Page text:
To test the devices, I ran Citrix, telnet, Web browsing, and VNC over the link for a couple of weeks whenever I was working from home (about 20 hours per week). In my opinion, I could tell a difference in speed between the new hardware firewall/VPN device and my old Microsoft VPN client. This would make sense as I was offloading the encryption onto a dedicated hardware appliance with ASICs designed to do encryption.
I enabled the intrusion prevention. I then scanned the public IP addresses of the devices with Retina Network Security Scanner and tried a few common hacks. I saw that only the ports we had opened for management (HTTPS and SSH) were open, along with the necessary ports for the VPN tunnel. I then checked the intrusion logs and found that my security scans had logged that I had done port scans and other automated common hacking techniques. On each of the log entry lines were Web links that pointed me to full definitions from the Fortinet Web site, which explained what types of attacks had been foiled by the intrusion prevention system.
One of my concerns with the current PIX implementation I had was that I wouldn't be able to offer remote locations a "split tunnel" (the ability to connect to the Internet from a PC through your local connection and also have an encrypted tunnel back to some other location). Since I wanted to be able to authenticate and log all Internet activity and protect against viruses, I thought that I would have to route all Internet traffic through an encrypted tunnel, back to the corporate office, authenticate the user and log the traffic, then send it to the Internet. This is not preferable because it would increase my Internet traffic and add latency for the user. Plus, it seems silly to encrypt standard Web surfing.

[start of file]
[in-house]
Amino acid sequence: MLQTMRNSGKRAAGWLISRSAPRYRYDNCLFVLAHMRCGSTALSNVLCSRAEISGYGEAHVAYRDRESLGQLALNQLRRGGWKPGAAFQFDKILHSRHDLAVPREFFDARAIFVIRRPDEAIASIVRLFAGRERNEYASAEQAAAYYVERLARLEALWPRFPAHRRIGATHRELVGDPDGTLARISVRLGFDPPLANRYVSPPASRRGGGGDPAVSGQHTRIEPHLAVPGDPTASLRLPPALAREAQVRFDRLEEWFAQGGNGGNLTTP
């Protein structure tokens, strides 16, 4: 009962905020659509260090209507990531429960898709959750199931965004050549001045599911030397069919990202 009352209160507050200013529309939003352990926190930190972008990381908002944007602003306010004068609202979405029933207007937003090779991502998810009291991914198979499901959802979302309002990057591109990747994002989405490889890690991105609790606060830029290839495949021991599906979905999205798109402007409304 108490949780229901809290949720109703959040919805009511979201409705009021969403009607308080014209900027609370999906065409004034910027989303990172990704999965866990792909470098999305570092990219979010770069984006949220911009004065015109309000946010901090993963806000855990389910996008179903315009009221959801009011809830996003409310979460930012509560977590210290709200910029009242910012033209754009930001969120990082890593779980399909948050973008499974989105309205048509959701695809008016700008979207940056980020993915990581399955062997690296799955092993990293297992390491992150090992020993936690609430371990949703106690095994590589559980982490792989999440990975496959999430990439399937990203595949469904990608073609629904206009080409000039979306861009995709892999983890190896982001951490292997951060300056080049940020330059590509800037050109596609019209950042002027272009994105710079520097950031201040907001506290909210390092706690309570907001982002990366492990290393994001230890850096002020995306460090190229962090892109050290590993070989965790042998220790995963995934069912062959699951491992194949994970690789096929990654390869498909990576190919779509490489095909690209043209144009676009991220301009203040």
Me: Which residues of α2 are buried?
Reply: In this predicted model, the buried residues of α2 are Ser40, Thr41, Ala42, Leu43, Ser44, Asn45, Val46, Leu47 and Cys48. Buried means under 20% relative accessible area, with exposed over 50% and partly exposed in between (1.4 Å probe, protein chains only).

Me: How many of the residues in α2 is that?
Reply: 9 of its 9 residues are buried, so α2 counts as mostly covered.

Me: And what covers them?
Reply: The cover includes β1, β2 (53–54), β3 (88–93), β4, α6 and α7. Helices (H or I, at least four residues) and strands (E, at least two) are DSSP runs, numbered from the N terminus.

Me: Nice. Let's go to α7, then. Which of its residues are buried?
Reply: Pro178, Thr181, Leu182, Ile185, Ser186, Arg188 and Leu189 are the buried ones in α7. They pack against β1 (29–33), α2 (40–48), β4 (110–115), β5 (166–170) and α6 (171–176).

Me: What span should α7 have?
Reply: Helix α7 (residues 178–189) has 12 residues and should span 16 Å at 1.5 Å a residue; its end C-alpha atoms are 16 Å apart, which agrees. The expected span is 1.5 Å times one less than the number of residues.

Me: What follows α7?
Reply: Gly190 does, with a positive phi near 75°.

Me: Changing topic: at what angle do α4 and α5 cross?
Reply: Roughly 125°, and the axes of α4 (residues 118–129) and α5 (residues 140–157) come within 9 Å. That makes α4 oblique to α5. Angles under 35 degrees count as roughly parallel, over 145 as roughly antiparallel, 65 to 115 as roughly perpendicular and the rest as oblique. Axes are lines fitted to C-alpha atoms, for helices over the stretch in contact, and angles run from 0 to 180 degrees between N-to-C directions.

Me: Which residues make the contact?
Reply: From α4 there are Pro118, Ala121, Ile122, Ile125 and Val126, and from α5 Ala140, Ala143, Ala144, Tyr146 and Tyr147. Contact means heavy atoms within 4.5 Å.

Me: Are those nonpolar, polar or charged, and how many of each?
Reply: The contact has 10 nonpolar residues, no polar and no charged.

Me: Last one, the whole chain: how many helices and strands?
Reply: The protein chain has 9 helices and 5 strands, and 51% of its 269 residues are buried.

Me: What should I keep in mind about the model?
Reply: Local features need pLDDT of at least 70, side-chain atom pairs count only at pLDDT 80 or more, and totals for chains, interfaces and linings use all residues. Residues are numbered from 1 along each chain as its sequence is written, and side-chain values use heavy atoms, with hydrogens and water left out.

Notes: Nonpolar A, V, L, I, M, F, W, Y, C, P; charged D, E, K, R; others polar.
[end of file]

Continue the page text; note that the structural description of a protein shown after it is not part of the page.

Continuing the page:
From what I have learned about the Fortinet devices, I could provide a split tunnel because I could authenticate the user with a Windows login account and then log the traffic to a syslog server. Also, I could protect against viruses at the Fortinet box without having to worry about constantly updating users’ PCs with antivirus updates (we would try to do it anyway, but the concern is less with a network antivirus solution).
Some of the other things I learned about the FortiGate devices are:
- The OS that runs on the devices is called FortiOS.
- They can also run in "transparent mode." This means that the interfaces on the device are not on their own IP subnets, and it isn’t running NAT or routing. There is only one IP assigned to the device for management purposes. The unit watches all traffic, in and out of the device, blocking or encrypting traffic as it meets policies. This seemed interesting, but too foreign to initially use, so I stuck with the standard NAT/routing mode.
- Fortinet offers a centralized management platform called FortiManager. This platform can manage all Fortinet devices. It's a hardware appliance and software application you load on a workstation. I did not demo this, but I'll consider using it if I decide to standardize on these devices at all 60+ of our remote offices.
- Creating a VPN tunnel between a Fortinet VPN device and a Cisco PIX, Cisco VPN concentrator, or IOS router is supported, and Fortinet offers documentation to show how to configure it. So you don’t have to create a "Fortinet-only" VPN network.
- Fortinet recently came out with its own VPN client, called FortiClient.
Based on my demo experience with Fortinet devices, I'll recommend that we purchase one to deploy at a site. I'd like to configure split tunneling with real-time antivirus, user authentication, and logging for Web requests, and pair it with a Cisco PIX over a VPN tunnel.